REVIEW: ‘Anna’ doesn’t reinvent spy genre wheel, but still entertains

There’s been a few movies over the last several years with women super spies, such as “Salt,” “Haywire,” “Atomic Blonde” and “Red Sparrow.” The latest flick in the sub-genre, “Anna,” doesn’t push the story boundaries too far from those, but overall, it may be the best one, or at least the most fun.

The picture, directed by Luc Besson, stars Sasha Luss in the titular role. Anna is a young woman who had some experience in Russian military training and as a result, is eventually recruited into the KGB.

As an agent, Anna becomes a fierce assassin, able to get even some of the most dangerous jobs done. Her latest work is especially, difficult, though, as it includes other adversarial international agencies.

From a story perspective “Anna” isn’t too terribly shocking, but it does throw in enough double crosses and backstabbings to keep one’s interest in more than just the action on screen. The bigger factor for a person’s enjoyment though comes in how the movie deals with time.

When secrets are revealed, the film usually flashes back to how things were set up. This was used maybe one too many times in the picture, but not to the point where it overstays its welcome. Plus, it allows for a faster pace, as the audience are engaged by the action first, and then the situation’s background is established. Again, a person’s own tolerance to this trope is an important, individual factor to one’s own enjoyment. 

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Sasha Luss in “Anna.” Courtesy EuropaCorp and Summit Entertainment.

Where the flick really hits its stride, though, is its entertainment value. Besson and his crews have always been solid when directing action and thrilling sequences, this is no different. There’s an especially good fight scene in the movie taking place at an upscale restaurant. It’s intense, brutal and lasts quite a while.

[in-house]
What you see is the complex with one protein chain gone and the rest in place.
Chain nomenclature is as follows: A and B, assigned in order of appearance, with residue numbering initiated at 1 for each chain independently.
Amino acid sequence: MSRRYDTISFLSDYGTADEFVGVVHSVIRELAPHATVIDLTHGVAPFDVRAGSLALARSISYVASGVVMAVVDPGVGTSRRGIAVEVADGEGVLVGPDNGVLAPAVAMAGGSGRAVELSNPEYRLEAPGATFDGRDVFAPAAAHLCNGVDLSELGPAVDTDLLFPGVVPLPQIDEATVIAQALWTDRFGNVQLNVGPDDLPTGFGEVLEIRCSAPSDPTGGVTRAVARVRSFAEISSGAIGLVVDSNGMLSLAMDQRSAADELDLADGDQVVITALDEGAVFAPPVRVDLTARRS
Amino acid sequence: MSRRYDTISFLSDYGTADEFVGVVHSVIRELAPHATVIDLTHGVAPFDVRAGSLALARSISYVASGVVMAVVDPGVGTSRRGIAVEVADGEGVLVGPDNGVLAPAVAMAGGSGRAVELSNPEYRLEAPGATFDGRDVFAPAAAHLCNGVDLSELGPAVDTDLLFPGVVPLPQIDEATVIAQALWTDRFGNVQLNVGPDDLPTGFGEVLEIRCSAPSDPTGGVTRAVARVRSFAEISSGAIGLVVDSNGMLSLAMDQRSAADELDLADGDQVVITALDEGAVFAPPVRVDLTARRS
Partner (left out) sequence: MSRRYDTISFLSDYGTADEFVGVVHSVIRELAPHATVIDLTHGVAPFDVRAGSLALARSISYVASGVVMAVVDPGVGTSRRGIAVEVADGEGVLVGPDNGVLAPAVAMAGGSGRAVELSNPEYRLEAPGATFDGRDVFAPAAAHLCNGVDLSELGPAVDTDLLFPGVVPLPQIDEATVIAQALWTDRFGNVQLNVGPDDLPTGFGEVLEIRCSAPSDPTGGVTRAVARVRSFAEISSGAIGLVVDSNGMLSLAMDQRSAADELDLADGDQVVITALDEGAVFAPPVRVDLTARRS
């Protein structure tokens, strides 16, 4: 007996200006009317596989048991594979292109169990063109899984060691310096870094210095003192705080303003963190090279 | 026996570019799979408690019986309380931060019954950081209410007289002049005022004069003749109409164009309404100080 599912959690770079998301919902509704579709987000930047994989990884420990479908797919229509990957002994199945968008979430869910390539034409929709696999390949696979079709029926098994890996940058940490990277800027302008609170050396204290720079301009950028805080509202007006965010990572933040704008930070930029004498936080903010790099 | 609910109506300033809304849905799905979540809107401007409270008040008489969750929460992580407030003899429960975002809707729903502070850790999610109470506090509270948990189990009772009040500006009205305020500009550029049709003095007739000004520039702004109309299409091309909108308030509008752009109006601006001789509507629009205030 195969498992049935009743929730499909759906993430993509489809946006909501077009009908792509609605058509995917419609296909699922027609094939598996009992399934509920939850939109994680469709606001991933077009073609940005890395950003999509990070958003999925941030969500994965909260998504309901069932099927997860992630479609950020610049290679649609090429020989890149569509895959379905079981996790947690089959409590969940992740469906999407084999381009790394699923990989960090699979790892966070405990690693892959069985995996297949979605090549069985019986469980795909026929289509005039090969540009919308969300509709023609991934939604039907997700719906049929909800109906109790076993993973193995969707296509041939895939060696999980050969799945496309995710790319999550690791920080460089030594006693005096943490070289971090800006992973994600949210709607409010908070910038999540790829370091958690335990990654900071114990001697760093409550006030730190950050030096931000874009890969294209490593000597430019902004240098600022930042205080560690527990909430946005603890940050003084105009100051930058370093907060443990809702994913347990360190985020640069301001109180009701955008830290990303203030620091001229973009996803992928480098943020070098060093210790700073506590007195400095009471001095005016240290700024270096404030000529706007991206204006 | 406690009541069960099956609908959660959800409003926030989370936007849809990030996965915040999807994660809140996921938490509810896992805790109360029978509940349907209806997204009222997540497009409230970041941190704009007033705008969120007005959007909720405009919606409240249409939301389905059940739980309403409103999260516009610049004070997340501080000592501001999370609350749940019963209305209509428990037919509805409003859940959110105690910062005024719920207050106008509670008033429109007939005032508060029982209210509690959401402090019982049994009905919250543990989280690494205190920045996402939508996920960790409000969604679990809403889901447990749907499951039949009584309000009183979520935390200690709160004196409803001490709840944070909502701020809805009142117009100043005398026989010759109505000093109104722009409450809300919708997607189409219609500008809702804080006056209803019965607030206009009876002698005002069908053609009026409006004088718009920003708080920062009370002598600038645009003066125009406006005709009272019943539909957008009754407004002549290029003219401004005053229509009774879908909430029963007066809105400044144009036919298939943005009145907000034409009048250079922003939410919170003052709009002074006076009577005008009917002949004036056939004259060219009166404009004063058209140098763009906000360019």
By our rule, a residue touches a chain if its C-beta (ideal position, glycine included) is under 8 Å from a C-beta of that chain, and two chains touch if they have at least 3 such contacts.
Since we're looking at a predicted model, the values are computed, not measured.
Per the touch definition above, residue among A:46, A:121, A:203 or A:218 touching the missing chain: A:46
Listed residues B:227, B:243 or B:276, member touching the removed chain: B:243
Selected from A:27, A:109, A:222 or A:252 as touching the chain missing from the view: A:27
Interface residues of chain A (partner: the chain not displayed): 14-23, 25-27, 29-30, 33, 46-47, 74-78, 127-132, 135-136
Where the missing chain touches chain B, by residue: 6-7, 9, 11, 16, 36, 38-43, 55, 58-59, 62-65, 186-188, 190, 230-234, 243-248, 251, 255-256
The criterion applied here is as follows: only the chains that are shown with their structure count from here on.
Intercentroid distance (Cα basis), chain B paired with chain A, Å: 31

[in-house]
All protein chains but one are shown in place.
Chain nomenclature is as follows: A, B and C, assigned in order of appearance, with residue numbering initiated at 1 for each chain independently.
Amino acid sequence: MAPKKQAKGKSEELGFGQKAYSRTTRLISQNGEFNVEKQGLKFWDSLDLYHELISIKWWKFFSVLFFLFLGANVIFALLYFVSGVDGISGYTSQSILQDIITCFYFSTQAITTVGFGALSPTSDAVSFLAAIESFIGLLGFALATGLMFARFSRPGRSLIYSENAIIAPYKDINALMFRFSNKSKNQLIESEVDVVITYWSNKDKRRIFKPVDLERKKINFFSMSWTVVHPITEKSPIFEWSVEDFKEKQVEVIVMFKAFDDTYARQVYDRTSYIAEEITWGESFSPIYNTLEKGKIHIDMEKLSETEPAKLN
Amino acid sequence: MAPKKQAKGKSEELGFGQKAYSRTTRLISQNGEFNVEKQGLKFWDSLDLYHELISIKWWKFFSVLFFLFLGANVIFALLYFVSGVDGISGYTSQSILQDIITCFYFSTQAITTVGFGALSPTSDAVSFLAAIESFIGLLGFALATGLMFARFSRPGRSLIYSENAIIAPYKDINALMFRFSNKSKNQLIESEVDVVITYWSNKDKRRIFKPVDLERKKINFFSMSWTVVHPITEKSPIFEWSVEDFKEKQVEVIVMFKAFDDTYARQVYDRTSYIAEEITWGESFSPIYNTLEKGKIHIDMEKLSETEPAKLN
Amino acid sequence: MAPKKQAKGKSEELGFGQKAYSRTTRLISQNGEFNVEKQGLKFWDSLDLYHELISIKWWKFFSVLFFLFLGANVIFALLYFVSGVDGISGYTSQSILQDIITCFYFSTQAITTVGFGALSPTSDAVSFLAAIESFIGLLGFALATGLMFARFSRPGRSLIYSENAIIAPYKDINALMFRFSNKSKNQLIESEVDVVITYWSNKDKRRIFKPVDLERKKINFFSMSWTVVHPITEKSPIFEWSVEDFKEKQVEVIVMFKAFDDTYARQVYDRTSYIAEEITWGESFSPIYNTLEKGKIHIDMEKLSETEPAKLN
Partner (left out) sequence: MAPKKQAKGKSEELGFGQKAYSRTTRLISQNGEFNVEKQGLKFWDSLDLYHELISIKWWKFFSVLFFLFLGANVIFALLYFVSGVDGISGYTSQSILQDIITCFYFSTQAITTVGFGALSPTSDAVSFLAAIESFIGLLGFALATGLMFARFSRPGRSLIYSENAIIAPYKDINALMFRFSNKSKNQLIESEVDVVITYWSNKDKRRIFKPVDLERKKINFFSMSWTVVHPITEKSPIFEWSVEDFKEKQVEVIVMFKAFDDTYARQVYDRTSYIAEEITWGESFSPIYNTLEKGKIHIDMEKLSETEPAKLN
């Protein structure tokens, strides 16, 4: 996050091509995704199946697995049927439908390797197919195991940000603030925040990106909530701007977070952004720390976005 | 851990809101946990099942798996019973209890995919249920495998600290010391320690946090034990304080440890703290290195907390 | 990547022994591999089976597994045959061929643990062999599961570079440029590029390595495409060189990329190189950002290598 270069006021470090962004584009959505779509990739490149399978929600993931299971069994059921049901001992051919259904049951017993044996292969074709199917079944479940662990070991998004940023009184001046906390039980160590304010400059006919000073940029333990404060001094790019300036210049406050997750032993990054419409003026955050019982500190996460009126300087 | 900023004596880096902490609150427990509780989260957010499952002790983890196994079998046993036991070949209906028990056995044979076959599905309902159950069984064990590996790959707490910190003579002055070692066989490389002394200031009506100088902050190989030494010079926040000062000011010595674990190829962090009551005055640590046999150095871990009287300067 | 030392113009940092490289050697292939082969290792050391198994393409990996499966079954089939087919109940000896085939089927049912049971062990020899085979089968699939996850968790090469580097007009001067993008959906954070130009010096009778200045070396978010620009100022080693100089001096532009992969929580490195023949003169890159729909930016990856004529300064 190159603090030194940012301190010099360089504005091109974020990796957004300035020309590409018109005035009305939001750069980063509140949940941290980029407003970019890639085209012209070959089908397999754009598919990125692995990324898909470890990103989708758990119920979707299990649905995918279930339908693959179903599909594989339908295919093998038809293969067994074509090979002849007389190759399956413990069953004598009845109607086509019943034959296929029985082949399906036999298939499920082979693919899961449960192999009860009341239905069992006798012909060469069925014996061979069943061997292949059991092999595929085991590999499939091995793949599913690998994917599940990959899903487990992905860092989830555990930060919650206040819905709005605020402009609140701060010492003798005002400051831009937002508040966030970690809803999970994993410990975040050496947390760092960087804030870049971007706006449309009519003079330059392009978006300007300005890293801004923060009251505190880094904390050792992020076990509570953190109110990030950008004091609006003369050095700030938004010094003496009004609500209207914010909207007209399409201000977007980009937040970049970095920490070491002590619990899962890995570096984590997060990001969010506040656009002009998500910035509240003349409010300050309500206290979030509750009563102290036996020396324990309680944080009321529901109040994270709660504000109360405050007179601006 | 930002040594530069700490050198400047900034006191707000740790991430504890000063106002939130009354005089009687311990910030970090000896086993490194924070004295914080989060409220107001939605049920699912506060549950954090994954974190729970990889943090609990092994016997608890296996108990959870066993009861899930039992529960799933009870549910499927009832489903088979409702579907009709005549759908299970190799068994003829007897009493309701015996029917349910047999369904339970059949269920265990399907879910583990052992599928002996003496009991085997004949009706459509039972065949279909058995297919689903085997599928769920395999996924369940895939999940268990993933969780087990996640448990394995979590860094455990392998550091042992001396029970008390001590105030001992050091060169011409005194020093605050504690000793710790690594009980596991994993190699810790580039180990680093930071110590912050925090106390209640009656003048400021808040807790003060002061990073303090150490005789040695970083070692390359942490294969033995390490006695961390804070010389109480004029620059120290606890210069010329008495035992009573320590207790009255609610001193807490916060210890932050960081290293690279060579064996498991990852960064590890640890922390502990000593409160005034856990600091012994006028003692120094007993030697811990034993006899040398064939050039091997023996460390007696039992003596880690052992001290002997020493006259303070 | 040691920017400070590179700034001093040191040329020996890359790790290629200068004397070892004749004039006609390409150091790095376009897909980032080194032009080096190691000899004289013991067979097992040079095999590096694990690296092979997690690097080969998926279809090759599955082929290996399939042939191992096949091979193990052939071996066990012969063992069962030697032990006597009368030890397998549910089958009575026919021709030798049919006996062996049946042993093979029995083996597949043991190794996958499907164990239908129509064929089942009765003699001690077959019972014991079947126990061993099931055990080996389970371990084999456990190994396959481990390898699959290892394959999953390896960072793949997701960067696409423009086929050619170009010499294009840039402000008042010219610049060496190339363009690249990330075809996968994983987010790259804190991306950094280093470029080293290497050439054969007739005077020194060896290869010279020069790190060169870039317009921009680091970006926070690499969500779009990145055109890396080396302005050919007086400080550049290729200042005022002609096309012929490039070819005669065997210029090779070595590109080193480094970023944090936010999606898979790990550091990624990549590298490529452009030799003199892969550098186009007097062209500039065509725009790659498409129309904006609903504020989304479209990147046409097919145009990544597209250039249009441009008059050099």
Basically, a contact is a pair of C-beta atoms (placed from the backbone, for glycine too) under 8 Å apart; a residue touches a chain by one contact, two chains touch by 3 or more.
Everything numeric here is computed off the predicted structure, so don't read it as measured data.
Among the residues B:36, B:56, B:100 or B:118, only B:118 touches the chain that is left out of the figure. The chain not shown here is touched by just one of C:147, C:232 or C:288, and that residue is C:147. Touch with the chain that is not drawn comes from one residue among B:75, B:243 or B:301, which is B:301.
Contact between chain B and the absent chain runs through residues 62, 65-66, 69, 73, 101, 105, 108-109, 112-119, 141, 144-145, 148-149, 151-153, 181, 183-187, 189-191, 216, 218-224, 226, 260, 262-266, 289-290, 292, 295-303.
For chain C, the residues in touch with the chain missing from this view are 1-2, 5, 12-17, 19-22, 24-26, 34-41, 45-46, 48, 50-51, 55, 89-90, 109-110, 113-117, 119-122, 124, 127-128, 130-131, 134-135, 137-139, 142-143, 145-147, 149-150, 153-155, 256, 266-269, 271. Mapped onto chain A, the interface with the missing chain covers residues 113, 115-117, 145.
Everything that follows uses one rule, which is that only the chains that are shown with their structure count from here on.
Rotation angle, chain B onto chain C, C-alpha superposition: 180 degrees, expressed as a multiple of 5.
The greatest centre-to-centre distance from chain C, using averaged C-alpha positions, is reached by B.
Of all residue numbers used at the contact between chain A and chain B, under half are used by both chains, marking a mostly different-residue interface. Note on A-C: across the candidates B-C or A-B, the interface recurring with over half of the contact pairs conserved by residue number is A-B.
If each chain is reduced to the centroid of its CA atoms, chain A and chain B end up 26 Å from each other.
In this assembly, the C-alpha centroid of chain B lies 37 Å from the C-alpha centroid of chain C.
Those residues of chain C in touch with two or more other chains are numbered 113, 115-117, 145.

In terms of protagonists, Anna can seem little bit too blank at times. The issue isn’t a lack of motivation, though, but rather the character being under-written in terms of personality. In fairness, Luss does what she can with the role, especially in showing the character’s desperation in her situation, since Anna was basically forced into the KGB at gunpoint.

Stealing the show in every scene, though, is Oscar winner Helen Mirren as Anna’s no B.S. having commanding KGB officer Olga. The commander knows what her job is and she ruthlessly wants missions to get done. At the same time, though, the character doesn’t exactly buy into her government’s propaganda and is mostly just straightforward and honest with the reality of the world, very rarely holding her tongue and often making quips. Mirren does great work portraying this, really nailing the sort of character who just gets straight to the point.

The cast of “Anna” is pretty well rounded out with character actors Luke Evans and Cillian Murphy, too.

For the most part, “Anna” is a fairly standard spy movie entry, yet its good action and an awesome character portrayed by Mirren help make it worth a watch. 3.0 out of 5.

Author: Matthew Liedke

I'm a reporter for the Bemidji Pioneer in Minnesota, and I also have a passion for the art of film. This passion led me to start writing about film in 2008. From 2008-2016 I wrote pieces at my own website, After the Movie Reviews. Then, from 2016-May 2018, my write-ups were featured on AreaVoices, a blog network run by Forum Communications Company. Today, I write film reviews and other pieces here on Word Press. More about me: I'm a 2009 graduate of Rainy River College and a 2012 graduate of Minnesota State University in Moorhead. At MSU, I studied journalism and film. Outside of movies, I enjoy sports, video games, anime and craft beers.

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